Teens are generally more open to wearing sunglasses because, if nothing else, they appreciate the glamor. But what about younger kids? Do they need to wear sunglasses?

“Little kids’ pupils are bigger than adults, so more light is getting in,” said Dr. Judith Bianchi Bowser, director of Optometry for Geisinger. “Young kids really need sunglasses the most.”

“Sunglasses are important for all ages, and children are no exception,” agreed Dr. G. William Orren, III, optometrist at The Eye Center of Central PA, in Northumberland and Mifflinburg. “The protection provided during outdoor activities is essential in promoting ocular development. Blue-eyed individuals are more susceptible, but the risk is present for all.”

One option to make sun protection less cumbersome for kids who already wear glasses is photochromic lenses, like Transitions, Orren said.

“These lenses automatically adjust to changing light conditions, thus not requiring a separate pair of glasses,” he said.

The lens of a child’s eye allows 70 percent more UV rays to enter it than an adult’s eye lens, said Dr. David Cute, ophthalmologist, UPMC in North Central Pa.

Acknowledging that children may not want to wear sunglasses, he suggested some alternatives to help reduce sun exposure:

  • Wear a hat. Broad-brim hats can help reduce the amount of UV radiation that reaches a child’s eyes.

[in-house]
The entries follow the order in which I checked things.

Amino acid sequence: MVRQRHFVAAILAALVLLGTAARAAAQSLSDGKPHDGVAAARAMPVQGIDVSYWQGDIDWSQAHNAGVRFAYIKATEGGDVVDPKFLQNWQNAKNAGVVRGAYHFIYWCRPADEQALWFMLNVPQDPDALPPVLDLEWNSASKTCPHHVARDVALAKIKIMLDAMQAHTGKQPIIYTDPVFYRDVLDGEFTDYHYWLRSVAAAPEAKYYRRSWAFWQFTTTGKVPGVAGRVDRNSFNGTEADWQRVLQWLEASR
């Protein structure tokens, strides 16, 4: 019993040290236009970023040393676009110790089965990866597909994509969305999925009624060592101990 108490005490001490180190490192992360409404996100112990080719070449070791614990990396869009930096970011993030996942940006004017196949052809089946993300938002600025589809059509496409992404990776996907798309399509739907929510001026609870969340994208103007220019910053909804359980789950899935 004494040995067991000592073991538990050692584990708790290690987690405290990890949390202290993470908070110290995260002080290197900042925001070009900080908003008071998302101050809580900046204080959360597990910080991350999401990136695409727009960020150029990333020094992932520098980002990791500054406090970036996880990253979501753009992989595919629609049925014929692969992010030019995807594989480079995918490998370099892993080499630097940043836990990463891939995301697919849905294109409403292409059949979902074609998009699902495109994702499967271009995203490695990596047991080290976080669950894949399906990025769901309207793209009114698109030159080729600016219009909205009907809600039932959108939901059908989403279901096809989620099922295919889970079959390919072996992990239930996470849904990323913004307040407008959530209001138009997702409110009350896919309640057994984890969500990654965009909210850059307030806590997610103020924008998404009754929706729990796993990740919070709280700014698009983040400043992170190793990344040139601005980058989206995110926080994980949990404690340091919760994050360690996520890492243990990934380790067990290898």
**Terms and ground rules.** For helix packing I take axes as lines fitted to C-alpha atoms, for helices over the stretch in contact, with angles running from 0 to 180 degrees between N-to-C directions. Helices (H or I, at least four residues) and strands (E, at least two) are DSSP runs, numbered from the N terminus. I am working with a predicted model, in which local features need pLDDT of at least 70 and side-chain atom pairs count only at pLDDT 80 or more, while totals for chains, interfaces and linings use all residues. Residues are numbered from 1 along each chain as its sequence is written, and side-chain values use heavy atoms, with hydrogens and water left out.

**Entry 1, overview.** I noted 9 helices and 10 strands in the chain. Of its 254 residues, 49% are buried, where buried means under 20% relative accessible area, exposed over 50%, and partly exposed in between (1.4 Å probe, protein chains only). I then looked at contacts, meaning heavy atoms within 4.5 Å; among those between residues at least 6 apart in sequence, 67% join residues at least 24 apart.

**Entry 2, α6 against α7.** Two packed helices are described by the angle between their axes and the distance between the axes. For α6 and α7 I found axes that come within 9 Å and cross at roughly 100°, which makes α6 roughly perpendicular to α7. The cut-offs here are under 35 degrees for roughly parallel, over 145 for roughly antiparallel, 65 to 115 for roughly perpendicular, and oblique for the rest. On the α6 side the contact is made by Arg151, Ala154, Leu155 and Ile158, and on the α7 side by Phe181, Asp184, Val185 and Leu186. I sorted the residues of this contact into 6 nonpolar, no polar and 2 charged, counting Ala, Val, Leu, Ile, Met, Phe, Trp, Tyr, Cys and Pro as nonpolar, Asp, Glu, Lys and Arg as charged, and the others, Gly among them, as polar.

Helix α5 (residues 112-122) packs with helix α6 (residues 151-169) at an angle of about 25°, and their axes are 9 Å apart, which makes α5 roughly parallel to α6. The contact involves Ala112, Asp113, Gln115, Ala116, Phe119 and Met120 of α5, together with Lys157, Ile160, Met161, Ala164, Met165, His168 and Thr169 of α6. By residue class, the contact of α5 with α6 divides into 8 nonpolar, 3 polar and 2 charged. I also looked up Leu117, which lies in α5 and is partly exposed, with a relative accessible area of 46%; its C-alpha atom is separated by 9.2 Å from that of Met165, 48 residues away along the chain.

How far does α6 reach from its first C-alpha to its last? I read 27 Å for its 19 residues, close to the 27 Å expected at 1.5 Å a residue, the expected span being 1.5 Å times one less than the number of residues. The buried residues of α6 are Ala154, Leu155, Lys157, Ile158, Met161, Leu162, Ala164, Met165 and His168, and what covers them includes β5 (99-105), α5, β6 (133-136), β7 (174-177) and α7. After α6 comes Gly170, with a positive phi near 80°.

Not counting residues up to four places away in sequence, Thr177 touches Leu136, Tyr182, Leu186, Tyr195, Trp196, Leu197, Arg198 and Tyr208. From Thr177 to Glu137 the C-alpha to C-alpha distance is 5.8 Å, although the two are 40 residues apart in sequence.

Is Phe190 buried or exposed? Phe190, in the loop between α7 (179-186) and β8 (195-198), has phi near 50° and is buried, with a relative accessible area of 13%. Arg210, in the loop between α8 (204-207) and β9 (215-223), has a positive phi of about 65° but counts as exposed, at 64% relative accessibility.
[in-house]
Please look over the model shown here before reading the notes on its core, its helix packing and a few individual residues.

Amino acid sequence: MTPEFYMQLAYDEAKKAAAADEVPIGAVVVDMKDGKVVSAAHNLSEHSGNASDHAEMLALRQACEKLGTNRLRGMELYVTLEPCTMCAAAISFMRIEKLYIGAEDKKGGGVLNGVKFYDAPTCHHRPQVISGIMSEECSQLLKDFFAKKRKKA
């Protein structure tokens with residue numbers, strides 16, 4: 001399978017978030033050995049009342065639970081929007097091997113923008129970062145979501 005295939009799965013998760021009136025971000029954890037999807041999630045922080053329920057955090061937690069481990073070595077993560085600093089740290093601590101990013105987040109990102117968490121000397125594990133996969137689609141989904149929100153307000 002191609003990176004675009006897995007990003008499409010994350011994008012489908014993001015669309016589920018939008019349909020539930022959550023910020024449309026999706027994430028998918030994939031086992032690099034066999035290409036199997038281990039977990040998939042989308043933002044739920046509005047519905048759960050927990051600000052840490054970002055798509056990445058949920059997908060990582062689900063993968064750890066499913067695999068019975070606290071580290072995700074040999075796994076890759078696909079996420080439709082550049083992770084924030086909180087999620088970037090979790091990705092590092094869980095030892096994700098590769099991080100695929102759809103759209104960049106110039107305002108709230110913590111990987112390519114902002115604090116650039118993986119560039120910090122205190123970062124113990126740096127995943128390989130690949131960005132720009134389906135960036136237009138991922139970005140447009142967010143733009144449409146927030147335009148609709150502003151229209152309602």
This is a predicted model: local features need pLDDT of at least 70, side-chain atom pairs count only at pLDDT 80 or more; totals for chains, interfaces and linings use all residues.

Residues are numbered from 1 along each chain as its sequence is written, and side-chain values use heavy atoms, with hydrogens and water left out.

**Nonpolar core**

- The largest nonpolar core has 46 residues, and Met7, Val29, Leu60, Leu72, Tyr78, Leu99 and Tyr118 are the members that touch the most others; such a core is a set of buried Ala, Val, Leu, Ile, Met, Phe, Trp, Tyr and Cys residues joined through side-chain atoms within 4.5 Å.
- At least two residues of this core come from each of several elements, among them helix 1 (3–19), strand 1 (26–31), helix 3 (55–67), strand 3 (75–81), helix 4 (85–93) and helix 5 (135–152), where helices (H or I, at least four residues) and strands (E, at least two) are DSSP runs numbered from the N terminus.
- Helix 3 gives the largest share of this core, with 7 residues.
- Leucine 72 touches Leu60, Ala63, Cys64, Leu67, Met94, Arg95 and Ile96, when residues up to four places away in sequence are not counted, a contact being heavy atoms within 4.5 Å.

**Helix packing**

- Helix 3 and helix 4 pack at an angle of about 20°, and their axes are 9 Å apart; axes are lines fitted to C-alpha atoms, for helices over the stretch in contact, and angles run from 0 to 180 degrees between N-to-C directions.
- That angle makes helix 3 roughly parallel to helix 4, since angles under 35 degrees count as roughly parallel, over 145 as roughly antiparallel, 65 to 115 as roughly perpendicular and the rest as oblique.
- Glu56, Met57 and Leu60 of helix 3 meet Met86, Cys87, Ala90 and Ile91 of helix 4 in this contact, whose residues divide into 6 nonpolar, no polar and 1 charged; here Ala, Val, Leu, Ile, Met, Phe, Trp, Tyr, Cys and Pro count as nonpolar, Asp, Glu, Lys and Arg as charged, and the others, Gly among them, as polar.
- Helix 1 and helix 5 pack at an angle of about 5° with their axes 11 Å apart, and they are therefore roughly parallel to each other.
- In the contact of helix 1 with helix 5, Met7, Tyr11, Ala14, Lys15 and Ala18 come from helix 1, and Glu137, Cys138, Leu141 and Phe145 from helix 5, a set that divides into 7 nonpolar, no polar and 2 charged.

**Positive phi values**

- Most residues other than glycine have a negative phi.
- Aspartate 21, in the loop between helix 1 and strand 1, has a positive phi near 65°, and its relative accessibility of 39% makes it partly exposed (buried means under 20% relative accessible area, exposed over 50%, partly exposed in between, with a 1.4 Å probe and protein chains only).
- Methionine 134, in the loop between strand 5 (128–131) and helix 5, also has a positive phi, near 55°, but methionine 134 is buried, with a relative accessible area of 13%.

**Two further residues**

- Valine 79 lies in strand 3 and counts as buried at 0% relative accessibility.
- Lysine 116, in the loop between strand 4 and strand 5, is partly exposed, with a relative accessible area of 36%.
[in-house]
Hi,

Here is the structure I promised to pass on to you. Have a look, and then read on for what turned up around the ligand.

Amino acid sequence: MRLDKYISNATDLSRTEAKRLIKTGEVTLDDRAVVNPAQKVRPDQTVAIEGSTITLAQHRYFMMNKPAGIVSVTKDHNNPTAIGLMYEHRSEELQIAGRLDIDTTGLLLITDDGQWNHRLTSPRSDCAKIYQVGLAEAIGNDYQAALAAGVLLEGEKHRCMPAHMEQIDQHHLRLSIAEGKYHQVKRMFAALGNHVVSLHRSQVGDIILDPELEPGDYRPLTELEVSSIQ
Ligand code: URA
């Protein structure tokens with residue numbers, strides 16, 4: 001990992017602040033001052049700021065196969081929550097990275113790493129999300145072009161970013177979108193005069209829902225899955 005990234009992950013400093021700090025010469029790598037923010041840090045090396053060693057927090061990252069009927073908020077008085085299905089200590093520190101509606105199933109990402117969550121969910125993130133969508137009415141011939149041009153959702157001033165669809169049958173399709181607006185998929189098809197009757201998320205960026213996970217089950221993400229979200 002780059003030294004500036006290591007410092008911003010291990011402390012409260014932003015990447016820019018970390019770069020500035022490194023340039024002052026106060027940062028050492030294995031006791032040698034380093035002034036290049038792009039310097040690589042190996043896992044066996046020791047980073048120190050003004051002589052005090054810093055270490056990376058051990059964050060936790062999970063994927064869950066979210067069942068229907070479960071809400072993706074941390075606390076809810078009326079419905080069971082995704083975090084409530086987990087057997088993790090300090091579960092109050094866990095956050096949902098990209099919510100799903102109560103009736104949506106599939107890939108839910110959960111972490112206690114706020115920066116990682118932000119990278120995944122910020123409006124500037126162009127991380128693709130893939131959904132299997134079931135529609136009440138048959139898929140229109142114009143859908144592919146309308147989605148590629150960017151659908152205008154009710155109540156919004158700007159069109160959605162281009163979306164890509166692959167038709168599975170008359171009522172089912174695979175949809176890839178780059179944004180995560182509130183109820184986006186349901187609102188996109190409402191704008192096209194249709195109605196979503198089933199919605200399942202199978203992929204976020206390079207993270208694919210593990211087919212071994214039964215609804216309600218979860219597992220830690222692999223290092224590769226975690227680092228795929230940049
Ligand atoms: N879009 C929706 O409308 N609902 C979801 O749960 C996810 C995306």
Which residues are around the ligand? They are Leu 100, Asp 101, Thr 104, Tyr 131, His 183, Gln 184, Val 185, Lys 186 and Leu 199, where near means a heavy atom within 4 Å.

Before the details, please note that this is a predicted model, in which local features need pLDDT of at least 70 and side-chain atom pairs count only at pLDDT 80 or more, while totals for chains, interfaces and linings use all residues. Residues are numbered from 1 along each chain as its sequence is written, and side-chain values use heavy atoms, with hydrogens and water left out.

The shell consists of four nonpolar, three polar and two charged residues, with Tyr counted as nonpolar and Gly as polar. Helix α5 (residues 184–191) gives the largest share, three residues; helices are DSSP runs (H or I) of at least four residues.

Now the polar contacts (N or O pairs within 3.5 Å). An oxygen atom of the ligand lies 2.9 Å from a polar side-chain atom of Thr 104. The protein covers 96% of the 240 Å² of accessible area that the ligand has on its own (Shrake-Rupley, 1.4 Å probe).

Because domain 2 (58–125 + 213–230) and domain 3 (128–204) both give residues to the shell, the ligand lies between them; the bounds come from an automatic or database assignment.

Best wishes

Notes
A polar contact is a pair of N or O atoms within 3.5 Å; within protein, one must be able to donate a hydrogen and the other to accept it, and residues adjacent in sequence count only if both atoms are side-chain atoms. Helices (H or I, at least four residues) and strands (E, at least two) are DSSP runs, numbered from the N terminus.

• Avoid peak sun hours.

“It’s important to avoid or minimize the amount of time children may be exposed to sunlight unprotected, especially during the day between 10 a.m. and 4 p.m. when the sun’s rays are strongest,” Cute said.

  • Use stroller covers for your child’s stroller. If your child is still in a stroller, use a cover to help block direct sun exposure. Just be sure it is labeled to offer UV protection.
  • Beware of cloudy and snowy days.

“There is no such thing as a cloudy day for UV rays,” Cute said. “These harmful beams of light can still penetrate clouds. It’s important to be conscious of sun protection all year round, even in cloudy and snowy weather.”

Cindy O. Herman lives in Snyder County. Email comments to her at CindyOHerman@gmail.com

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